Alumni advocate for Long Beach College Promise at the White House
For alumna Dominique Vera, the chance to travel to Washington D.C. to participate in First Lady Michelle Obama’s, Beating the Odds: Ladders of Opportunity Summit as an advocate for the Long Beach College Promise was a highly personal achievement.
“The Long Beach College Promise saw me through many experiences – good and bad – over the course of my youth,” said Vera, who graduated in 2014 with a bachelor’s degree in business administration. It was the College Promise that gave her the support she needed to achieve her dreams of a college degree. So when she received an invitation from the first lady inviting her to testify before White House and Capitol Hill officials about how the Long Beach College Promise gave her an opportunity to “beat the odds,” she was thrilled.
The Long Beach College Promise is a nationally renowned partnership between Long Beach Unified School District, Long Beach City College and CSULB. The College Promise offers Long Beach’s youth pathways from pre-K through college and onto careers, including one tuition-free year at LBCC and guaranteed admission to CSULB for qualified Long Beach students.
As a child, Vera knew that a college education was her ticket to a better life. Her family had emigrated from Ecuador and, though they always encouraged her to pursue her dreams, life was not easy. She saw little of her mother who worked constantly to support her and her two sisters. Hearing gunshots fired in her neighborhood was also a common occurrence.
Her elementary, middle and high schools were within Long Beach Unified School District (LBUSD) and it was during these formative years that she was put on a pathway toward college. Her senior year at Polytechnic High School, Vera’s strong academic career landed her a spot at her dream college – the University of Massachusetts, Amherst. Unfortunately, the cost of attending Amherst proved too much for Dominique and she soon was boarding a plane back to Long Beach in deep despair.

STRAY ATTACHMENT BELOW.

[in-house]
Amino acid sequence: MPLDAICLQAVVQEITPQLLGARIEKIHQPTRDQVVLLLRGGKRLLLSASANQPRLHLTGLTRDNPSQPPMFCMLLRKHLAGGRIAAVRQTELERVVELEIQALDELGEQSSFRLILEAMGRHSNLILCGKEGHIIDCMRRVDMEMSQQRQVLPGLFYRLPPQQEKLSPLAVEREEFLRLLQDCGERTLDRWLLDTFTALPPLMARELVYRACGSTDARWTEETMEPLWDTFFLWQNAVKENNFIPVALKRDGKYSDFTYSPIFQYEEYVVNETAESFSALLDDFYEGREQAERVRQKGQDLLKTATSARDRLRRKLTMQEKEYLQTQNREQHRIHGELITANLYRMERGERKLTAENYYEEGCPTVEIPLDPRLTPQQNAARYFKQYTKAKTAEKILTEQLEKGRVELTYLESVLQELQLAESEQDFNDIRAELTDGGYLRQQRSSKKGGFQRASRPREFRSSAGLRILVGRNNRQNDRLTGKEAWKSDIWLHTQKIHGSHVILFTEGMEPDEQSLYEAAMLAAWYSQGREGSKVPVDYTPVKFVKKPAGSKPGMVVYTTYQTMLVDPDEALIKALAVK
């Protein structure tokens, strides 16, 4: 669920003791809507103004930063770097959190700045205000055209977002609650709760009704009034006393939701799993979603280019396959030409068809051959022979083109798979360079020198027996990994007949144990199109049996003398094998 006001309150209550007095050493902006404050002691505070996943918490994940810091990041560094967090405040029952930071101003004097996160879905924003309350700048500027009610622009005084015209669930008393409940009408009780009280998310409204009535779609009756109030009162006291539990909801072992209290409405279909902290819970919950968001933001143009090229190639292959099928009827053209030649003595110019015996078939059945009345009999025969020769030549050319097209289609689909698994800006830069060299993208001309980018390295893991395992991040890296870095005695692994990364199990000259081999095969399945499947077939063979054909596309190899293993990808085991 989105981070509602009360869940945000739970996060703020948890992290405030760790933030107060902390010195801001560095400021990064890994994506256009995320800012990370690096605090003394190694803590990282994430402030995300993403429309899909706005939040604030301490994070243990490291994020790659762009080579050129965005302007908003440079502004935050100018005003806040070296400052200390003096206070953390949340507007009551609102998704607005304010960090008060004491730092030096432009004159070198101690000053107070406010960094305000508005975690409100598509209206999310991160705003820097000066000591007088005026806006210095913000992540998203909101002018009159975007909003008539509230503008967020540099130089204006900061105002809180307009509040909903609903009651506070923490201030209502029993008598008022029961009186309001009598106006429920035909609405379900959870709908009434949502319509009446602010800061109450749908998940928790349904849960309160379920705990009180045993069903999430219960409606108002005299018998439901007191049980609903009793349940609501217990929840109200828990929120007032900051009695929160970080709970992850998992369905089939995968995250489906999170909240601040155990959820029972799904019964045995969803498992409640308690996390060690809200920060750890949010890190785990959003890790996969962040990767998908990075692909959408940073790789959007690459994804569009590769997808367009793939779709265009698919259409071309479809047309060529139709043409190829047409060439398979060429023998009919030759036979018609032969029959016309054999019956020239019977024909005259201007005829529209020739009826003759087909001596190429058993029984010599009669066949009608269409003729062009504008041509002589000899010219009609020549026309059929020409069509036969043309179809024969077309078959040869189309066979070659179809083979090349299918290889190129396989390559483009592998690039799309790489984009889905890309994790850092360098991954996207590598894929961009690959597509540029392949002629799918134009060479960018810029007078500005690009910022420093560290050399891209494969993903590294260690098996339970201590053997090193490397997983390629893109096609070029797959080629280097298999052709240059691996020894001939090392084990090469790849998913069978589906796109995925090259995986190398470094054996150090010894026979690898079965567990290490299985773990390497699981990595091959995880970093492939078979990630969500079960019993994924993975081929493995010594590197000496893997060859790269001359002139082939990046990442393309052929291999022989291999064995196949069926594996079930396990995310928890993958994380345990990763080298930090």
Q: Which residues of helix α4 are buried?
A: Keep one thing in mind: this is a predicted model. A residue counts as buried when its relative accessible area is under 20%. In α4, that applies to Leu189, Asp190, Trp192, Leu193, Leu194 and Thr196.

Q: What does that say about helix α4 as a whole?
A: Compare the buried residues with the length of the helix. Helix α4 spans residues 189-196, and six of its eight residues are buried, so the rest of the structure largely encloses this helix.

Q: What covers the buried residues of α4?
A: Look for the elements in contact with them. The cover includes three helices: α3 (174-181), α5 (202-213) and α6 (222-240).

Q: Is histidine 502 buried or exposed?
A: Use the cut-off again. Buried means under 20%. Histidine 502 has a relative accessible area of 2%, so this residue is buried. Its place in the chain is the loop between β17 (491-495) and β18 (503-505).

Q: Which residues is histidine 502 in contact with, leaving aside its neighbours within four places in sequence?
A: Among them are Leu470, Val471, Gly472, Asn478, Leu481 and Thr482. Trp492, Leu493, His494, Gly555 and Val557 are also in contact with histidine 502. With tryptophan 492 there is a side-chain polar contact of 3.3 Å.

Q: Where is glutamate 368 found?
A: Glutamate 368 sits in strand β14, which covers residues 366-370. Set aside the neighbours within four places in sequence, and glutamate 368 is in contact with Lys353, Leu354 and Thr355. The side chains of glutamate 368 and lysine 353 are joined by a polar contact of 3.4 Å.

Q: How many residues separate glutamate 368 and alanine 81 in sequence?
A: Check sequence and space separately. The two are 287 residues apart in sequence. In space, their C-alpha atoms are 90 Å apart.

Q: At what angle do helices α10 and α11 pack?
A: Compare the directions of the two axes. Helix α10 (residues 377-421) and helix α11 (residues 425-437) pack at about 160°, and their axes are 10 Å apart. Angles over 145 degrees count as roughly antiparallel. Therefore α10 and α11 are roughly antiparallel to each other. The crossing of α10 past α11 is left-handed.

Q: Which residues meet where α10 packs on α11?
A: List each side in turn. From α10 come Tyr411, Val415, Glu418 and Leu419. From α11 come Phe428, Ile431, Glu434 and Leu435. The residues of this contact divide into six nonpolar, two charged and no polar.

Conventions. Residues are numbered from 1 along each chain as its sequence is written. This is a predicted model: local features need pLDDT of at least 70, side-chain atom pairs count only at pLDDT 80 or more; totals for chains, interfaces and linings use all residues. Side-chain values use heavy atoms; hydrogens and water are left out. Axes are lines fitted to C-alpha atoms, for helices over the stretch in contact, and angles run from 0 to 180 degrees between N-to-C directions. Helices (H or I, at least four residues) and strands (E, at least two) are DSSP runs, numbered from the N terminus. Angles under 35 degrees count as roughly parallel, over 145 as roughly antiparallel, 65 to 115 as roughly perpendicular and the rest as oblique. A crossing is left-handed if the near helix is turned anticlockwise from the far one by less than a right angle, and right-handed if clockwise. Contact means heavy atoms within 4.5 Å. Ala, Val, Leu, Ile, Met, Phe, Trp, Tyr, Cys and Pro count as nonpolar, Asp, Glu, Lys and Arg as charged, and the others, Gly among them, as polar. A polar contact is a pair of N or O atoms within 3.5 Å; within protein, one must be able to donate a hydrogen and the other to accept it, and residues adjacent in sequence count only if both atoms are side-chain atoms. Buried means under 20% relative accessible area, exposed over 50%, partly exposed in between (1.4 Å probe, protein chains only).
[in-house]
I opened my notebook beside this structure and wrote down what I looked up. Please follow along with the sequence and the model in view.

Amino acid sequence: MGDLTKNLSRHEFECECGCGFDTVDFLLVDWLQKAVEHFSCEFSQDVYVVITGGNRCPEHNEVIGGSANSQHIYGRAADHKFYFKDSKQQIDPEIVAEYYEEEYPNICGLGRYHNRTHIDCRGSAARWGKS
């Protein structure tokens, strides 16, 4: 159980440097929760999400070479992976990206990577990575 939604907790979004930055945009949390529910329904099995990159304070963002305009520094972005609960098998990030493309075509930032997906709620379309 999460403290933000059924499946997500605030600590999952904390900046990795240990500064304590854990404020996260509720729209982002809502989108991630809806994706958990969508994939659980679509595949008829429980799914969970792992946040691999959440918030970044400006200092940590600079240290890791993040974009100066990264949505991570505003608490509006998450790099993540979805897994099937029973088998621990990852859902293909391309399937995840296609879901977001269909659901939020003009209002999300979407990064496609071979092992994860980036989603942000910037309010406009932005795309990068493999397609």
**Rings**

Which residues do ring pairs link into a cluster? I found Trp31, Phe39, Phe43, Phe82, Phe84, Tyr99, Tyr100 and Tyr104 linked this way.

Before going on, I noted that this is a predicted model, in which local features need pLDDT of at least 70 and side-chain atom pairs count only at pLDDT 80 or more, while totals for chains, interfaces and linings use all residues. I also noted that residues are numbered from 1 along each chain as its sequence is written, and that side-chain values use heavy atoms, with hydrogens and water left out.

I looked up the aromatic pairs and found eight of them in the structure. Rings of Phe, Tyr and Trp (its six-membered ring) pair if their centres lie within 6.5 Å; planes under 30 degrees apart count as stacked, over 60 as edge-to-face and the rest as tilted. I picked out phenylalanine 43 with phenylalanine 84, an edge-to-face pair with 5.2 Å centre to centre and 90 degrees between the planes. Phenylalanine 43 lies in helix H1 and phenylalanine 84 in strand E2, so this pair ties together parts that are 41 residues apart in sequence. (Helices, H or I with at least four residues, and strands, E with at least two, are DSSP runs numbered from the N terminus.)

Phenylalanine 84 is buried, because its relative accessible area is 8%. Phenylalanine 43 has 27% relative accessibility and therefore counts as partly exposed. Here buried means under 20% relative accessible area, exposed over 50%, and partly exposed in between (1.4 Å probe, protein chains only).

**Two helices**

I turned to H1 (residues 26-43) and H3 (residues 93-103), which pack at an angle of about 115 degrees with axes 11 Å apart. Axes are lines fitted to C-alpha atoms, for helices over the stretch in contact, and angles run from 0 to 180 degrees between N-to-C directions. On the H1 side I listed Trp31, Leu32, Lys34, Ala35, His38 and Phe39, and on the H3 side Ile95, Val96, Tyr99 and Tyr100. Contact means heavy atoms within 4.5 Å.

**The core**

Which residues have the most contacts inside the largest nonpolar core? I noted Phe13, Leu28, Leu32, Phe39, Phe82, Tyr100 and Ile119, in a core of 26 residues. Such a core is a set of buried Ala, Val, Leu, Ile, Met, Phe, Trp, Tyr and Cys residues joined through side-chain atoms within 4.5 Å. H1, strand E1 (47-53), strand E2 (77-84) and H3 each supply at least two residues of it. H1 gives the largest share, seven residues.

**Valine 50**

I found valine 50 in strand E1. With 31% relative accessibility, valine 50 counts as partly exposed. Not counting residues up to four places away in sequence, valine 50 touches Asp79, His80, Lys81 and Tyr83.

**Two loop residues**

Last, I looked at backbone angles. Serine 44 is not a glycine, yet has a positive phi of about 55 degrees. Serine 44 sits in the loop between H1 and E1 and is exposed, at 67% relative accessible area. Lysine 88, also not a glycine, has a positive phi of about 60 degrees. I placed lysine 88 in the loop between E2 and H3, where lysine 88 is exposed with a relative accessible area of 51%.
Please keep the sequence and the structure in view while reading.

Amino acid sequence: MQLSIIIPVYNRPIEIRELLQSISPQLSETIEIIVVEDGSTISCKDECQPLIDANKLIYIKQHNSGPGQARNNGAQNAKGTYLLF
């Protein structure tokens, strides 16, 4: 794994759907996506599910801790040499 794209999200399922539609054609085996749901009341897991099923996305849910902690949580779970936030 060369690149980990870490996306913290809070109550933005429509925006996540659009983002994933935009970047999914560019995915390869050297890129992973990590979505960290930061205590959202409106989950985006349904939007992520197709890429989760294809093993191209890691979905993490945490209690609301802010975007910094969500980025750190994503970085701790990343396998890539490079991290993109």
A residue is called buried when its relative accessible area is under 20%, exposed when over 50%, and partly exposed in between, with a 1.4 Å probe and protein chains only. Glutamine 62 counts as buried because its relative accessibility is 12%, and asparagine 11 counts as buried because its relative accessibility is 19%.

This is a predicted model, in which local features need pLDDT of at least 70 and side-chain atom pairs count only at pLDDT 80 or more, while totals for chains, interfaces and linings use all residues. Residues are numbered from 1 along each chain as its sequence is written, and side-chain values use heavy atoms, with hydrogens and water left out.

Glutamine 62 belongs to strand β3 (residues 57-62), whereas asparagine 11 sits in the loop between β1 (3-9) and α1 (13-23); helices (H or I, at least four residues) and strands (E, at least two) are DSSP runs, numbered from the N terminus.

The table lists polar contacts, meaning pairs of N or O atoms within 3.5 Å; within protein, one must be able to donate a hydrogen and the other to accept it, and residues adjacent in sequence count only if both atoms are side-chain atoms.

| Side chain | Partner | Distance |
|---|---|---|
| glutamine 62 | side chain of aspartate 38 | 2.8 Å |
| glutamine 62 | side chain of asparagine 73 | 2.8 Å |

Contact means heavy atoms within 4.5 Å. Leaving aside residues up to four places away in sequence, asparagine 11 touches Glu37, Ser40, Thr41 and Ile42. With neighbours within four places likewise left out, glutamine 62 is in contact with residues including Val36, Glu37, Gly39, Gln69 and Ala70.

Determined to get back on track, Dominique was given a second chance to succeed at Long Beach City College. Along with waived tuition, a counselor reminded her that the College Promise offered guaranteed admission to Cal State Long Beach for every qualified Long Beach student. She saw it as “a light at the end of the tunnel.” Soon after, she transferred to CSULB and earned her college degree in only four years.
“The guarantee of an affordable college education helped me to stay strong and persevere,” said Vera, who now hopes to give back to her community. “Although the theme of Ms. Obama’s summit was ‘beating the odds,’ I came to the conclusion that I should be changing the odds and challenging the odds so I can enable everyone.”
The March 15-17 trip was organized by the Long Beach College Promise’s newly created Office of Public Engagement headquartered at CSULB. Joining Vera on the trek to Washington D.C. was fellow College Promise alumnus Keyon Anderson, who graduated in 2012 with a bachelor’s in Social Work. Both Vera and Anderson were given a platform at the summit to tell their stories.
“This was a chance for our alums to share how the Long Beach College Promise transformed their lives, and we hope that we continue to inspire communities across the country to build similar partnerships that guarantee college access regardless of family income,” said Terri M. Carbaugh, who was tapped to lead a public engagement campaign for the Long Beach College Promise and serves as the university’s lead spokesperson and governmental relations representative.
In addition to partnering with Ms. Obama in developing successful strategies for helping youth climb ladders of opportunity, the Long Beach College Promise partnership has been hailed by President Obama as a national education model, and promise partners have been engaged in his efforts to make community college universal for all responsible students via his America’s College Promise campaign.
“My favorite part of the summit was being with other people who are actually trying to move the needle,” Anderson said. “I’m able to see how different my life is with my education. I can’t imagine what my life would be like without it.”
Written by Sharon Hong